PS3's 20 best Blu-rays
12th Dec 2010 | 17:00
In part one we covered the first ten of the best Blu-rays currently available for the PS3.
In part two we're going to list ten of the absolute best Blu-ray offerings on the market. These would not only make great gifts this Christmas but are also essential part of any Blu-ray collection.
No Country For Old Men: The Coen Brothers' razor sharp characters deserve a razor sharp picture transfer. Here they get it, in one of the most highly detailed Blu-ray pictures we've ever seen.
From every strand of Chigurh's ludicrous hair to the unflinching detail on seeping leg wounds, 1080p finds immense subtlety in the Coens' deceptively simple style.
Price: £8.85 (Amazon)
Blade Runner: Final Cut: Ridley Scott's lavishly re-mastered final cut is Scott's definitive cut, cleaned up to the extent that it could easily pass for a brand spanking new film. Sure, there are newer sci-fi films that will show off your Blu-ray capabilities better, but most pale when compared to Ridley Scott's epic.
Price: £9.99 (Amazon.co.uk)
Back to the Future: 25th Anniversary: Two of the best action comedy sci-fi blockbusters ever committed to film (er, and the goofier Part 3) get a reverential Blu-ray treatment.
The transfer itself brings us the films in glorious detail, revealing sight gags and quirky asides lost in standard definition. Okay, a few of the special effects don't cope so well with such an unflinching eye for detail, but it all adds to the charm.
The trilogy really shines in its special features, in particular the Michael J Fox-free footage.
Price: £22.99 (Amazon.co.uk)
District 9: When it comes to CG heavy films, uber-definiton really separates the wheat from the chaff. If the real and the fake don't naturally intertwine, Blu-ray will reveal it.
Director Neill Blomkamp passes the test with flying high-def colours - the real Johannesburg and the not-so-real alien mothership above are near inseparable, blending together to brilliant effect in this raw sci-fi breakout hit.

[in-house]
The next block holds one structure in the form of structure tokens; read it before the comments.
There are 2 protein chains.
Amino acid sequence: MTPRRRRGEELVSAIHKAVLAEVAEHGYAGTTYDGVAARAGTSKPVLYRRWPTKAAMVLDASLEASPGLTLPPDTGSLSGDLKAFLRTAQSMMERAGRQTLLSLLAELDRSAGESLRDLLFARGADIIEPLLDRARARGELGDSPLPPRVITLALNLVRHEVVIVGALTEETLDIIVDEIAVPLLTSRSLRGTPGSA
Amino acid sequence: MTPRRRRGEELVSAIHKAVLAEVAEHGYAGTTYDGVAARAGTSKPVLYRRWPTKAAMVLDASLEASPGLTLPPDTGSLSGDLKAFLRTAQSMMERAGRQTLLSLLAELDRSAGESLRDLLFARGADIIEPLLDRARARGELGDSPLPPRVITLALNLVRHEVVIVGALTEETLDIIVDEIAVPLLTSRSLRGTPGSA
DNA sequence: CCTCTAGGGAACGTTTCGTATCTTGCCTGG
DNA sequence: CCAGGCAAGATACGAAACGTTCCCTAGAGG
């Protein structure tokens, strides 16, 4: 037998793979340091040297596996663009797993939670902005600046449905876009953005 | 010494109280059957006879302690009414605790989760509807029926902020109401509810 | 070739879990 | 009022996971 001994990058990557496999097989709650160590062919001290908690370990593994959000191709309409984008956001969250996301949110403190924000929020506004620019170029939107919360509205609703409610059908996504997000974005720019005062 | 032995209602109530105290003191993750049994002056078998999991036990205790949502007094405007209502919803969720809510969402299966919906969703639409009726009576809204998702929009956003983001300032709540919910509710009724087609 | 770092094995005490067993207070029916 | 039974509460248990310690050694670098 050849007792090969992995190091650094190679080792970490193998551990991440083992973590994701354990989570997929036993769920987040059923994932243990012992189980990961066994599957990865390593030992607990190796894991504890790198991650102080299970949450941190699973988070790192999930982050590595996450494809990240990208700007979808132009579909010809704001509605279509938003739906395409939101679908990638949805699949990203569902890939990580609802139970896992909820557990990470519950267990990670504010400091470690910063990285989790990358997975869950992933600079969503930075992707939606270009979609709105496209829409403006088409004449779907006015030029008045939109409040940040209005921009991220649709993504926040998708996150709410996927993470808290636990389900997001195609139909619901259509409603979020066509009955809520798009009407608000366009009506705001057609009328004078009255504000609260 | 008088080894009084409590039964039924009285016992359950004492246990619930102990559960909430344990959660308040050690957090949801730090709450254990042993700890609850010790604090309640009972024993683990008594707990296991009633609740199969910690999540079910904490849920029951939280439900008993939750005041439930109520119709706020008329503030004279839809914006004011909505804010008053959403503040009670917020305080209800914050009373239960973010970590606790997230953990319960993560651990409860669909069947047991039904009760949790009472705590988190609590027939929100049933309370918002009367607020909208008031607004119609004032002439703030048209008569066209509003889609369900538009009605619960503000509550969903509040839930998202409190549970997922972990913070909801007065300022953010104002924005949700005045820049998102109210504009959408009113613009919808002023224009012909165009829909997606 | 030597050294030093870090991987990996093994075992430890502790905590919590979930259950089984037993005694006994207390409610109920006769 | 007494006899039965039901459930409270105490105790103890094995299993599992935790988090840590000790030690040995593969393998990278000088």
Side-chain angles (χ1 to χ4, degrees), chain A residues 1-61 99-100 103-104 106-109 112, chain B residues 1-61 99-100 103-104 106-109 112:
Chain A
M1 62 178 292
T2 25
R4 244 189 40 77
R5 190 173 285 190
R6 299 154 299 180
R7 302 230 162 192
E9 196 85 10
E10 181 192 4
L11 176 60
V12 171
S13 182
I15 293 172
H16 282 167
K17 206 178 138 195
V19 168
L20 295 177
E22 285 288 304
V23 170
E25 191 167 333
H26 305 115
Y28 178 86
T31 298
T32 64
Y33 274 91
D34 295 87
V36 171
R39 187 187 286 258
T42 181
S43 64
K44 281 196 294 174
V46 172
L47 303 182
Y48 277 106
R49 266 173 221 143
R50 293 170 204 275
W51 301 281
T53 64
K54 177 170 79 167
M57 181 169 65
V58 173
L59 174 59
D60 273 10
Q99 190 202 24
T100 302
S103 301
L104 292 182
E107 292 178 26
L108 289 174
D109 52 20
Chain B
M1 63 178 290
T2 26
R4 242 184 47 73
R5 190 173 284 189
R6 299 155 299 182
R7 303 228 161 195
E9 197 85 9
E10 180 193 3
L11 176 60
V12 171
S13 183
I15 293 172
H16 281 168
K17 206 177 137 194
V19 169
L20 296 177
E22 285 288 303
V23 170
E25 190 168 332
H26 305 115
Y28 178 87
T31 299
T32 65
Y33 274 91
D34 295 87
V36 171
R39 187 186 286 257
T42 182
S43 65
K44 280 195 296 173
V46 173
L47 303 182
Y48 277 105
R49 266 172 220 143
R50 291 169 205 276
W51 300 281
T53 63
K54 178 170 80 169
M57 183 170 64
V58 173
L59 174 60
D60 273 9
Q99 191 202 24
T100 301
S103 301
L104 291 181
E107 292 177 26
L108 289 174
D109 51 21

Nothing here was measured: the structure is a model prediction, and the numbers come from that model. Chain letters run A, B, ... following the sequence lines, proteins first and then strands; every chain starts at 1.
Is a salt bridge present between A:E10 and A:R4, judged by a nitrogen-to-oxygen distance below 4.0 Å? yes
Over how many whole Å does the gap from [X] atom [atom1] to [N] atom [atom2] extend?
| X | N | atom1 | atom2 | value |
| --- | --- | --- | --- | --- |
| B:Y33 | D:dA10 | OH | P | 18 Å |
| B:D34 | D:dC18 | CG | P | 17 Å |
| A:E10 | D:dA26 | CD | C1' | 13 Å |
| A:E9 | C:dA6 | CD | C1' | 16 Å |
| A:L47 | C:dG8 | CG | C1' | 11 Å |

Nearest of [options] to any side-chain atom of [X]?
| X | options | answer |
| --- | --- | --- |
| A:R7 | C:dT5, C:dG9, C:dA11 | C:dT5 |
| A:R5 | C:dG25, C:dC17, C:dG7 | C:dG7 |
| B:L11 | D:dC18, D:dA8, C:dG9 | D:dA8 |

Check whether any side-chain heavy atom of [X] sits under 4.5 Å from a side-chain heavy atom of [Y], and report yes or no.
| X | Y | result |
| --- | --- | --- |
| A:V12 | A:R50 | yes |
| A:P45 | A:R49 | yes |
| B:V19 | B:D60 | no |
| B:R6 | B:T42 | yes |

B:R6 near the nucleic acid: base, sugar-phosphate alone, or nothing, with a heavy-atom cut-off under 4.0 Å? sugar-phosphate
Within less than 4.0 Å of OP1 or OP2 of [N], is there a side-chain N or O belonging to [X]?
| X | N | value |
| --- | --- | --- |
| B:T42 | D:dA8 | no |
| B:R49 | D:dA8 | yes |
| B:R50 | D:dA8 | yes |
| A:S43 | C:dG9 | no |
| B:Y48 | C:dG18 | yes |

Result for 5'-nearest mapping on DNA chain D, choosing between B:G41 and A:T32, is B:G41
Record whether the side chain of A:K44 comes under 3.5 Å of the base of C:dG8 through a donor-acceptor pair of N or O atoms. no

A particular shout out to the DTS-HD MA soundtrack - a swirling 5.1 mix that engulfs the room and pulls you right into the heart of the sprawling alien shanty town. Buy it if Avatar is too saccharine for you.
Price: £9.99 (Play.com)
Quantum of Solace: Since its release, Quantum of Solace has been one of the discs of choice for in-store display demos.
Yes, a picture and sound quality so damn sexy it outweighs the negatives of Daniel Craig's grimacing mug. Marc Foster's take on Bond is a little hurried and lacks the effortless cool of Casino Royale, but his visual eye - specifically in the desert hotel finale, and the spectacular open-air Opera scene - is unmatched by any previous Bond director.
Alternatively, snap up the Casino Royale Deluxe Edition for roughly £10 at most online stores.
Price: £10.99 (HMV)
Close Encounters of the Third Kind: This Blu-ray transfer captures the detail so well it's like being back in 1977, standing on set beside Spielberg as Dreyfuss wigs out with a plate of mash.
It helps, of course, that the film is every bit as charming now as it was back then. The transfer received Spielberg's blessing - if it's good enough for the Beard, it's good enough for us.
Price: £10.99 (Zavvi)
Avatar: In 2009 James Cameron redefined the visual cinema experience. In 2010, he redefined the visual home cinema experience. Avatar's Blu-ray is nothing short of phenomenal, boasting such a sense of physical depth as to negate the need for 3D wizardry.
Yes, his narrative riff on Dances With Wolves is a little wiffly-piffly, but Pandora's vibrant jungles and spectacular action clashes are what Blu-ray was invented for. If you pick one disc to show the power of high-def movie presentation to your pals, make it Avatar.
Price: £27.99 (Play.com)
Star Trek: It's a Blu-ray Jim, but not as we know it. Star Trek's presentation has all the crisp discipline of a neatly turned out Starfleet cadet. The Enterprise looks wondrous in 1080p, letting you get a proper eyeful of minute computer console details and enjoying Chris Pine's rugged five o'clock shadow in a way DVD owners simply can't.
If the image 'prospers', the package 'lives long' thanks to a rich set of bonus features. A playful commentary with Abrams and the writers gives you a good excuse to wallow in the visuals twice in a row and comprehensive 'making ofs' cover everything from planet building to the fate of Red Shirt Guy. Beam it up.
Price: £10.99 (HMV.com)